With a changing work environment, impacted by advancements in technology and a pandemic that has influenced work patterns and job losses, some persons in the workforce have been forced to adapt by upgrading or learning new skills.
The World Economic Forum’s Future of Jobs Report 2020 states that because of the growing uptake of technology and automation, half of all employees will need reskilling by 2025.
That’s why Tremain Ellis, Acting Learning and Development Manager for the JN Group, says learning a new skill or upskilling is beneficial to both employers and employees.
“It has become essential to continually upgrade one’s skills to stay relevant, competitive, and employable,” he pointed out.
He underscored that learning a new skill is essential to advancing one’s career, as individuals with up-to-date skills are highly sought after by employers, giving them a competitive edge in the job market.
However, upskilling or reskilling is not just about finding a new job. When employees have access to training and development opportunities, they bring new ideas and perspectives to the organisation, leading to more innovative and efficient practices.
“Just as how we invest in new technology, we should invest in our people. It makes no sense we have the latest technology and our people cannot make the best use of them,” he said.
Mr. Ellis recommends that both companies and individuals conduct a skills audit to identify any gaps.
“The first step is to ask yourself what skills do I need to remain relevant or to be better at what I do? Do I currently have those skills? If not, how do I acquire those skills?,“ he suggests.
The Learning and Development Manager for the JN Group noted that whether persons are self-employed or work for someone, it is important that they are continuously looking for ways to improve. He added that the world has become smaller due to globalisation so the competition is no longer just the person sitting beside you but also someone who is half way across the world.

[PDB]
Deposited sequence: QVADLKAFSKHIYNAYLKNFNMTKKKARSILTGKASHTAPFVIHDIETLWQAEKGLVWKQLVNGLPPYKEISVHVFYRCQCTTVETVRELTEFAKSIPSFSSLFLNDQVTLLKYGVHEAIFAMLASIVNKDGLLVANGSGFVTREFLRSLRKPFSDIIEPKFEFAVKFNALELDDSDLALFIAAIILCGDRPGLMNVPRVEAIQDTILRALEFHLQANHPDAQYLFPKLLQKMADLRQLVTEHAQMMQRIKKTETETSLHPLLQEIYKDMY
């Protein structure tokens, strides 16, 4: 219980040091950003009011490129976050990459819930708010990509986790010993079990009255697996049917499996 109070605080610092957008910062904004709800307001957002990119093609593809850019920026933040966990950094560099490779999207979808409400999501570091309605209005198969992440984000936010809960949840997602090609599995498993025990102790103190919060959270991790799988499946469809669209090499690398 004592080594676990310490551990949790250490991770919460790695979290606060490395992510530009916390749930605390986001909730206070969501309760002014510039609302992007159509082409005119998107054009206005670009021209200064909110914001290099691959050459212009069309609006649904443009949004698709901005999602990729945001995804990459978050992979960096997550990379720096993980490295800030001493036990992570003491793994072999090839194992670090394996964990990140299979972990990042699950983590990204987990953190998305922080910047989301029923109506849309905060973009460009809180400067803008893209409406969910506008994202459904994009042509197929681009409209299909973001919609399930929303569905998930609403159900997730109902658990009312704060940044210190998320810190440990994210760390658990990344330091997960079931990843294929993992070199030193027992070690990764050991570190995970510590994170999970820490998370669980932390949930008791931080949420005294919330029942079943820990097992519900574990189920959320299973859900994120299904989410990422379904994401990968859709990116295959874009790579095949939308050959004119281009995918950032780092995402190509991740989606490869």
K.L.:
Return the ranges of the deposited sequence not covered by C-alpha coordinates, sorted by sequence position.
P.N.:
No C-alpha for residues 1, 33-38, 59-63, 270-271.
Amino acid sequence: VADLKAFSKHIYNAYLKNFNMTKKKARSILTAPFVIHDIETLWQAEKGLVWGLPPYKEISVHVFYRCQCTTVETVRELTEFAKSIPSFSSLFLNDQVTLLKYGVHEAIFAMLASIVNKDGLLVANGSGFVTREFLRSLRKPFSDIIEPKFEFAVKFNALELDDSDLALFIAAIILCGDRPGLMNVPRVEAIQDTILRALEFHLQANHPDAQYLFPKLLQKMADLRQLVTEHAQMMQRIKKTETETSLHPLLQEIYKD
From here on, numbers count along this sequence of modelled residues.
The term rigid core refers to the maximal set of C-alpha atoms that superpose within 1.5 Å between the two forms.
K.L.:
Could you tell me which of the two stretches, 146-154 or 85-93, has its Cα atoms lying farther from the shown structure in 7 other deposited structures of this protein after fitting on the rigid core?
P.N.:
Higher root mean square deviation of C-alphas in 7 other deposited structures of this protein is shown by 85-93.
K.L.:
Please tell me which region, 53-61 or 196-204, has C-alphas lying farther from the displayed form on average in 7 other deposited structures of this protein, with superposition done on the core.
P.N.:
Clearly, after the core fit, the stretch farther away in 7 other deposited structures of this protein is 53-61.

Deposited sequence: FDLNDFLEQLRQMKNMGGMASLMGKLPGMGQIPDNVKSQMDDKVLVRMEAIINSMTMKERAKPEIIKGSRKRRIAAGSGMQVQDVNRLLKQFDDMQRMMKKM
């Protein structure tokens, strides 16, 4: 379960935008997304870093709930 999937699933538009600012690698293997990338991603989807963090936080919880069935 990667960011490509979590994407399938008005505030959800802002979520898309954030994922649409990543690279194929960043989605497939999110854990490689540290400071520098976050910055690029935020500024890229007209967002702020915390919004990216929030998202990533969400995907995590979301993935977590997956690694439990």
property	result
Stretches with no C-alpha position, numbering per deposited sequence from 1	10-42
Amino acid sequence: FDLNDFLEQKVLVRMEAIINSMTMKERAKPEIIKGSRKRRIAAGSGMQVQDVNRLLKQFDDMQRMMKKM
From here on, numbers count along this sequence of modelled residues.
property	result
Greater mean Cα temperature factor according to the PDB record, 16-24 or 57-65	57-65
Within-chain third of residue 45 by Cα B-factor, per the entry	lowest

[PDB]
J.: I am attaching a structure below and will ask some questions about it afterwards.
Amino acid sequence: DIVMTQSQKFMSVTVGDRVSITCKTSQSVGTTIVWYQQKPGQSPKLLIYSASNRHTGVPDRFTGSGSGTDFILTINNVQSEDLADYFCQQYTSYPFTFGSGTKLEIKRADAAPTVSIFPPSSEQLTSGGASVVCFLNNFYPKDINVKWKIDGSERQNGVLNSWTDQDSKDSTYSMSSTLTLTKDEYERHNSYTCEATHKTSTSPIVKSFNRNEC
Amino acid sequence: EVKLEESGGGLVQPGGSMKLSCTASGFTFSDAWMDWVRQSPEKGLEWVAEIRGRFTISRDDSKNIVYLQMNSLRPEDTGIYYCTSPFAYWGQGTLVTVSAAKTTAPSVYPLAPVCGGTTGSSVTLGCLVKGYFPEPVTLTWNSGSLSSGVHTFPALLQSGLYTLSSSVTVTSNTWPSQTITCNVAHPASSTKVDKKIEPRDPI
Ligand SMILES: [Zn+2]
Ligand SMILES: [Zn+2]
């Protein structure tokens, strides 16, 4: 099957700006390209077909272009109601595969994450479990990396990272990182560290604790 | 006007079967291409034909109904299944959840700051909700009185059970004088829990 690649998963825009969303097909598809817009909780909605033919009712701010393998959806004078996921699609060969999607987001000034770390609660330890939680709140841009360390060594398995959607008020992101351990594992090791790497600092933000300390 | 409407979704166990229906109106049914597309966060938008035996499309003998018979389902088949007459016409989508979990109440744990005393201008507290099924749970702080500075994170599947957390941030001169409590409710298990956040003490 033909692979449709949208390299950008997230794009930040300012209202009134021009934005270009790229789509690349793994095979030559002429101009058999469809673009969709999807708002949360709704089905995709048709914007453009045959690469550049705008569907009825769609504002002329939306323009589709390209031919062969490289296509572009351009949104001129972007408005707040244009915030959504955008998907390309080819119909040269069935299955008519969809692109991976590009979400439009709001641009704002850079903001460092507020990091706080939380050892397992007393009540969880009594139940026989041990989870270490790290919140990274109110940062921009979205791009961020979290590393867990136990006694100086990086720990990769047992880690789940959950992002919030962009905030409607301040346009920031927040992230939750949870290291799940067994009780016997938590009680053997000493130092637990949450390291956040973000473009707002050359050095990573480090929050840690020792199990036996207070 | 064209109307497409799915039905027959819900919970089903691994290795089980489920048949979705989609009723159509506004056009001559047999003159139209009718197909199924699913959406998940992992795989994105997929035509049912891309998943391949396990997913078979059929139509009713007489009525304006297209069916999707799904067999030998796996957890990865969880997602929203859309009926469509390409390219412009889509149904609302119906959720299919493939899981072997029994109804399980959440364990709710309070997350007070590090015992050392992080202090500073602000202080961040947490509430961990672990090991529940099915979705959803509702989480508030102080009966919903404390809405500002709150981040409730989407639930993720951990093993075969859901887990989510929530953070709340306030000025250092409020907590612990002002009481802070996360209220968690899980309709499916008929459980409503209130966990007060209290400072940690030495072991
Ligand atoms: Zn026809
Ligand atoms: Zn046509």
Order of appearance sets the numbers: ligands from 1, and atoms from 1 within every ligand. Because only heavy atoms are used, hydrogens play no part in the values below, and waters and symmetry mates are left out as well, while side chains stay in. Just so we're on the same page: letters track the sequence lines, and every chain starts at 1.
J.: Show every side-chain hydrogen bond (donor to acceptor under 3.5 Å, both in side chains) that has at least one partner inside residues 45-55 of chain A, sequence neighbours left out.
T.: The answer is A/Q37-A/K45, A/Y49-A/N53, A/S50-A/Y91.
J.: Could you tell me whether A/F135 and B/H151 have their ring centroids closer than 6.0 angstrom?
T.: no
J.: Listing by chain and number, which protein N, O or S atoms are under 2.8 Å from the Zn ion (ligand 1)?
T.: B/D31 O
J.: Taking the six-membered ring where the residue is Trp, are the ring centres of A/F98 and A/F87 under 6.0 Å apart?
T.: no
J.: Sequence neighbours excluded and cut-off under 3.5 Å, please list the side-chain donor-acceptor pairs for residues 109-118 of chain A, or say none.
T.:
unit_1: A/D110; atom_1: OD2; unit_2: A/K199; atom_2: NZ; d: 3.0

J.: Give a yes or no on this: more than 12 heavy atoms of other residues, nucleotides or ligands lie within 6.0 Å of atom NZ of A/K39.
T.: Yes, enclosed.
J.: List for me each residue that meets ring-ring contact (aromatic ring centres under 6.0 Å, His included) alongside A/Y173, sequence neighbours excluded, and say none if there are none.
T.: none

He informed that after that after it is determined what skills are needed, it is time to do something about it. Acquiring new skills is much easier, more cost effective and convenient in the age of technology, he said.
“Gone are the days when upskilling means you have to register for a programme at a training institution and sit in classes from 8:00AM to 4:00PM Monday to Friday. Many training institutions offer self-paced learning, where you decide how long you take to complete and even set your own schedule. Additionally, there are hundreds of free online certificate courses from some of the top universities in the world,” he disclosed noting that other websites such as Udemy, Coursera, Khan Academy offer online self-paced courses for free or at very low cost.
“Majority of us have smart phones, so I want to put it out there that we dedicate five hours per week to learning a new skill. Many of us spend more than that time just sitting in traffic, so we can download an audio book to listen whilst driving,” he said.
Mr Ellis stated that YouTube is also an amazing place to learn and that persons could spend one less hour each day watching funny videos and dedicated that time to do their own upskilling.
“Learning is now at our finger tips. We must see upskilling as an investment in ourselves, our companies and the future of our country,” he said.